Violence on picket lines and bloody battles between striking workers and police would seem to have little in common with a little village green in Dorset, yet beneath a giant sycamore at Tolpuddle six farm laborers banded together in 1831 and made a pact which was the beginning of Trade Unionism in England.

There was no violence, they were good men and had deep Christian beliefs, but decided to ask for 3 extra shillings a week to 'save their families from starvation and utter degradation'.

A judge at Dorchester sent George Loveless and his companions to a penal colony in Australia for 7 years, 'not for anything they had done, but as an example to others'. They were later pardoned.

The Tolpuddle Martyrs contributed a proud chapter in the history of Trade Unionism and in 1934 the T.U.C. erected six memorial cottages in the village. Once a year, leading socialist politicians, under colorful banners, march past the green where now a commemorative seat and shelter have been erected.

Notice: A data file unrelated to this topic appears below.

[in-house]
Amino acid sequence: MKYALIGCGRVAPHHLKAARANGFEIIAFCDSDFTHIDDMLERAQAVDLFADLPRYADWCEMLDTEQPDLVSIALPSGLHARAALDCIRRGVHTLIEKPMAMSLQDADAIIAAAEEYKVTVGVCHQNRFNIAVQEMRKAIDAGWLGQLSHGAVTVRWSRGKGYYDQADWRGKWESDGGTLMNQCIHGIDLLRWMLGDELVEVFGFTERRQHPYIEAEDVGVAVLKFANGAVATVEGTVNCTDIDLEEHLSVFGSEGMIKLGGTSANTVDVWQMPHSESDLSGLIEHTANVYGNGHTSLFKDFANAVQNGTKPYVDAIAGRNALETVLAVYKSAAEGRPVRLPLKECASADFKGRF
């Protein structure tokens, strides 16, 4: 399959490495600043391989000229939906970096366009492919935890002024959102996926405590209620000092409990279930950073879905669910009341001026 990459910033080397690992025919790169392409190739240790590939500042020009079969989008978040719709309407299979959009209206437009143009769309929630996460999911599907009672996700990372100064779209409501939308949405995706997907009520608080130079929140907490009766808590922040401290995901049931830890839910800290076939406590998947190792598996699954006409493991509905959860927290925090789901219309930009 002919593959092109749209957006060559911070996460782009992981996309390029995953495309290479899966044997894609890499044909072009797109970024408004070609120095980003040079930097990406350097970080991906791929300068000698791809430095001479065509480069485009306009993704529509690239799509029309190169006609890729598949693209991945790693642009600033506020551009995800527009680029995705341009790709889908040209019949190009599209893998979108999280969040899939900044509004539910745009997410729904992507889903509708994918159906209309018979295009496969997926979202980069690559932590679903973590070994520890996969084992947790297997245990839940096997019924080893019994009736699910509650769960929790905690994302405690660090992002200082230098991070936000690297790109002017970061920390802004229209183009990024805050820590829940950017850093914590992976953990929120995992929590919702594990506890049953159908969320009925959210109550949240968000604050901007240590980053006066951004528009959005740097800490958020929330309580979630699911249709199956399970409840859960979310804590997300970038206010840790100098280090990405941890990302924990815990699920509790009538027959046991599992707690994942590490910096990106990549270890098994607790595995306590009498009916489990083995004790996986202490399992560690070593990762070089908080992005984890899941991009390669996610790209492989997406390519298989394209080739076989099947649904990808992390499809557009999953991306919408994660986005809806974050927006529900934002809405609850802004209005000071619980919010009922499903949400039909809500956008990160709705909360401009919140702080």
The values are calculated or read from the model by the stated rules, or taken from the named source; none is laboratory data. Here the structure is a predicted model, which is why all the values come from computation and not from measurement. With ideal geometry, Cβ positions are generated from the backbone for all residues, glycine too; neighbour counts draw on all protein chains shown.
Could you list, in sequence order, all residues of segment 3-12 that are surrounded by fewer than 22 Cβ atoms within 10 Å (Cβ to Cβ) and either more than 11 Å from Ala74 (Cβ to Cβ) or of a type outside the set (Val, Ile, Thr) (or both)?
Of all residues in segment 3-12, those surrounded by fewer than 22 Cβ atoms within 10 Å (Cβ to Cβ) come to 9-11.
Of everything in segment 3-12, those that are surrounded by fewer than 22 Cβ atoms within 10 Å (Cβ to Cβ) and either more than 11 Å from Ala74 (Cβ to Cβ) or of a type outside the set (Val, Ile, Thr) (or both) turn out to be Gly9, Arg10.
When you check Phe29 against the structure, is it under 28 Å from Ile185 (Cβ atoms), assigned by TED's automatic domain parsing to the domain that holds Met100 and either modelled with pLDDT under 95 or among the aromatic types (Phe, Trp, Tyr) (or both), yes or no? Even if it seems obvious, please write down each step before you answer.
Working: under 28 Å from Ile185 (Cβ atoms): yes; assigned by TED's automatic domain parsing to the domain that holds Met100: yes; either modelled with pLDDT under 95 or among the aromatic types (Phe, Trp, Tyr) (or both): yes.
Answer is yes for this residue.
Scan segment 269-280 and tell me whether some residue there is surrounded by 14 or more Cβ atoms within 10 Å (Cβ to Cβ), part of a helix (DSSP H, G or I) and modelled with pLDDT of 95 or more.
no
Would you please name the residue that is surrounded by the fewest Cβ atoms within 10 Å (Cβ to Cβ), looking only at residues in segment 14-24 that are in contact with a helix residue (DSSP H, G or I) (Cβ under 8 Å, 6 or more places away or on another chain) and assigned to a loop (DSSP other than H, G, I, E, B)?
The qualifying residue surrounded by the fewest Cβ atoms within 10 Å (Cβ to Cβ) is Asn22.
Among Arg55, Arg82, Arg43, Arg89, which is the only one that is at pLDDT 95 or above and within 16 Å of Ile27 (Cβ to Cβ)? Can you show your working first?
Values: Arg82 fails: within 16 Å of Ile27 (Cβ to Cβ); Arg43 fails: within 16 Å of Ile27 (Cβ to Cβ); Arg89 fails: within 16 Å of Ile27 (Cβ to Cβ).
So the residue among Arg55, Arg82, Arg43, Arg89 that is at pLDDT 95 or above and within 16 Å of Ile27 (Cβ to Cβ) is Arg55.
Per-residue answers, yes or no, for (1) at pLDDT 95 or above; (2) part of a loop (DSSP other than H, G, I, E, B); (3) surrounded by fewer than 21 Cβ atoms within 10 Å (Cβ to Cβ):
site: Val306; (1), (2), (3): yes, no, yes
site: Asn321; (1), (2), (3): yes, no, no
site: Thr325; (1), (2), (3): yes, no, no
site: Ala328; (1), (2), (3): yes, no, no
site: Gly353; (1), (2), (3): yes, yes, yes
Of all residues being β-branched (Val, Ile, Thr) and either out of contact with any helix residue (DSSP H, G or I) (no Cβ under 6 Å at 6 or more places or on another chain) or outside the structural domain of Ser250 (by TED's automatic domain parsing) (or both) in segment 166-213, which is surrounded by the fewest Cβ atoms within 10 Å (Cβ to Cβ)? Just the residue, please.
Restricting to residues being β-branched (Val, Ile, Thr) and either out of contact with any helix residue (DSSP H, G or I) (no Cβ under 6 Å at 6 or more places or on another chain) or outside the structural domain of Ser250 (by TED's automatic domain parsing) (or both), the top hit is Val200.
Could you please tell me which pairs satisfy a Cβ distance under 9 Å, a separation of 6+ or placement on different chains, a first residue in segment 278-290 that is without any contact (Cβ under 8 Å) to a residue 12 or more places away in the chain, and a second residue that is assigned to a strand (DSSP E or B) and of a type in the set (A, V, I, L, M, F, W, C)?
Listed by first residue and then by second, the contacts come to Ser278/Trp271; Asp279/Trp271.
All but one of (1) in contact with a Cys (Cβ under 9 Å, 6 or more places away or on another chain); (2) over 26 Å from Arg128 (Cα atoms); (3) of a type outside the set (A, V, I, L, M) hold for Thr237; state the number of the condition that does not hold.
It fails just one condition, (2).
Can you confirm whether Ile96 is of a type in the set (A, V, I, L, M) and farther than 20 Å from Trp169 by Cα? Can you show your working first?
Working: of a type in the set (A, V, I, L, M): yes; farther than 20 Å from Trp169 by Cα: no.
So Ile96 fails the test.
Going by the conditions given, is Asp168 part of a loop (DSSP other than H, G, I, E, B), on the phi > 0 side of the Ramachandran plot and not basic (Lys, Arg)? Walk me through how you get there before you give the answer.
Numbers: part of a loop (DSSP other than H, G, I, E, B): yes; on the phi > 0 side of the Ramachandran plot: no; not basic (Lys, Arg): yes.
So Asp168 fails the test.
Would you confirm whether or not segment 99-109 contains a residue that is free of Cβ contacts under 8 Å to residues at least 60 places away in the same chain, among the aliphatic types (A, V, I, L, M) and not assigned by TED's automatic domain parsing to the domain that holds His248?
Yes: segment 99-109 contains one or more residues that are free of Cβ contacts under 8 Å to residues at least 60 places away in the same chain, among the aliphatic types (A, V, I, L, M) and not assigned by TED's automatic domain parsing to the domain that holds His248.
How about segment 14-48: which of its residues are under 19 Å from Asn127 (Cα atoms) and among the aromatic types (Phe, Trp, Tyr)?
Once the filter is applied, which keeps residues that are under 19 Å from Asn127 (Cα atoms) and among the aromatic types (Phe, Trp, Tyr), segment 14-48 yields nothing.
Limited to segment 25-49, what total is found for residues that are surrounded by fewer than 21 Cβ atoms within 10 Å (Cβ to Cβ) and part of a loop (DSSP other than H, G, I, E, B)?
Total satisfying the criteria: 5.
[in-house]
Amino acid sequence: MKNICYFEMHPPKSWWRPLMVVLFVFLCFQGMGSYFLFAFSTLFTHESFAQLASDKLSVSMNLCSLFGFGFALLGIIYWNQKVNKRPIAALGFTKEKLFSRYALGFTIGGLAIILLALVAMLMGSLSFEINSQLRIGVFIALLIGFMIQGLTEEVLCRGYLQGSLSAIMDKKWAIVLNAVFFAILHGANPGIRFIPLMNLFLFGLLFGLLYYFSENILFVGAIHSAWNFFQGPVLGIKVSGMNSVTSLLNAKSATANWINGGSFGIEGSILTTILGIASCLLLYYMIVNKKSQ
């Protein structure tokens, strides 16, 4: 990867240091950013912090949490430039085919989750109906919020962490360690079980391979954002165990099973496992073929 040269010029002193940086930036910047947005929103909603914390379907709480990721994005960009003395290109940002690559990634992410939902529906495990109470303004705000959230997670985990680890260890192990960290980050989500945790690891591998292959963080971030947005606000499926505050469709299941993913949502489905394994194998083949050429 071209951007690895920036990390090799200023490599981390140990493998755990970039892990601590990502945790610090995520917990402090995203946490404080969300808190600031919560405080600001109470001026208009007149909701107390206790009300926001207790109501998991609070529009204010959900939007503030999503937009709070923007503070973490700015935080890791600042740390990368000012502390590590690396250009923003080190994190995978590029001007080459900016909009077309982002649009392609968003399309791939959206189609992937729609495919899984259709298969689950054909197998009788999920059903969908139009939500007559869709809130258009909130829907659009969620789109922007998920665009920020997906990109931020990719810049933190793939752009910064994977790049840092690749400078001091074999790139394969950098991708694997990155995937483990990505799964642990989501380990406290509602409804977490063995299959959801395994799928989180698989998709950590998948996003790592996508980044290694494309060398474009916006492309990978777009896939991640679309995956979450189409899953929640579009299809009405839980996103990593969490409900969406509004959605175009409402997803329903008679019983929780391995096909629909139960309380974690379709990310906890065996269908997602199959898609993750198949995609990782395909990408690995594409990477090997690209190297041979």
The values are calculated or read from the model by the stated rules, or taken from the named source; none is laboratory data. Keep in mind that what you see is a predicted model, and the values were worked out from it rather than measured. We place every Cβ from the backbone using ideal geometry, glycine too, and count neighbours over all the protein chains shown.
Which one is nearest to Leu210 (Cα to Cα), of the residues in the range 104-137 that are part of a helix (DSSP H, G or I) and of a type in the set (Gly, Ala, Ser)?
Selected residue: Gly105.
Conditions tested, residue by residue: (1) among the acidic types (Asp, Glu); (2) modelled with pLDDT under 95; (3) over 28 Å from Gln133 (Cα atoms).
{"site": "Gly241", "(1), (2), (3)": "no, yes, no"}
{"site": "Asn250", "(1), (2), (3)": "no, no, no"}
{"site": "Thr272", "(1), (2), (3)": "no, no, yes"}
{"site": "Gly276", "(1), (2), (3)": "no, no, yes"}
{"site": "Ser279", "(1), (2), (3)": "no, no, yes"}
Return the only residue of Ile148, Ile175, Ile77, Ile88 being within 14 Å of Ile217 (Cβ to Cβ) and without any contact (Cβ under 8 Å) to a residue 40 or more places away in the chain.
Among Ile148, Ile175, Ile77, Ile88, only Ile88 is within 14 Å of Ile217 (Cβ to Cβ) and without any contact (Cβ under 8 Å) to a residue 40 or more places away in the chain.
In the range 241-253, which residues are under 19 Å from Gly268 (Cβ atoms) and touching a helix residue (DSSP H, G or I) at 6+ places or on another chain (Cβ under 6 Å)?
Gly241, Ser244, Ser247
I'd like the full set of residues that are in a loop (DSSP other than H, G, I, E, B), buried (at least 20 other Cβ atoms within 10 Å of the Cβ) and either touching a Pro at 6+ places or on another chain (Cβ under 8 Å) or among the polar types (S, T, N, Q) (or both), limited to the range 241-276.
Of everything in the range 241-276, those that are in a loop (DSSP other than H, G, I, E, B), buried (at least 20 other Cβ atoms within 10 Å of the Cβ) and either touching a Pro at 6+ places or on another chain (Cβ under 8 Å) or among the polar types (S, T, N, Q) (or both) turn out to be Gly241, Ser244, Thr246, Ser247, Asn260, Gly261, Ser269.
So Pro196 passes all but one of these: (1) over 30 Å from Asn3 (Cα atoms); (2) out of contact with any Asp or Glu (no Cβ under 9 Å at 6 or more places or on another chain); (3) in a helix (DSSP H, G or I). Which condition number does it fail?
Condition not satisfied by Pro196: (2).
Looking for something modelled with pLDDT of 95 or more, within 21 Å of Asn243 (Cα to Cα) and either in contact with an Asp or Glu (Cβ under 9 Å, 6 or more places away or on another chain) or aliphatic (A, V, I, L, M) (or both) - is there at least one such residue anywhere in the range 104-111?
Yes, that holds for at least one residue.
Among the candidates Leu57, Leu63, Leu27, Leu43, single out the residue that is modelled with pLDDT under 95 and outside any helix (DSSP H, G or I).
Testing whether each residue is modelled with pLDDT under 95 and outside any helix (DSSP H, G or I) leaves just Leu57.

In 1936, at a memorial arch outside the Methodist Chapel, David Lloyd George laid a wreath - in fact, the famous former Prime Minister laid it several times until each press photographer was satisfied. Just before the Second World War the famous actress, Dame Sybil Thorndyke and her husband Lewis Casson, who were appearing in a play called 'The Six Men of Dorset', came and enacted some of the scenes around the Martyr's Tree.

Hard to believe that this lovely village of thatch, with its meadows watered by the gentle river Piddle, and a church with Norman remains, is one of the most famous villages in the world

Monitor page
for changes
   it's private   

by ChangeDetection

2000 The Dorset Page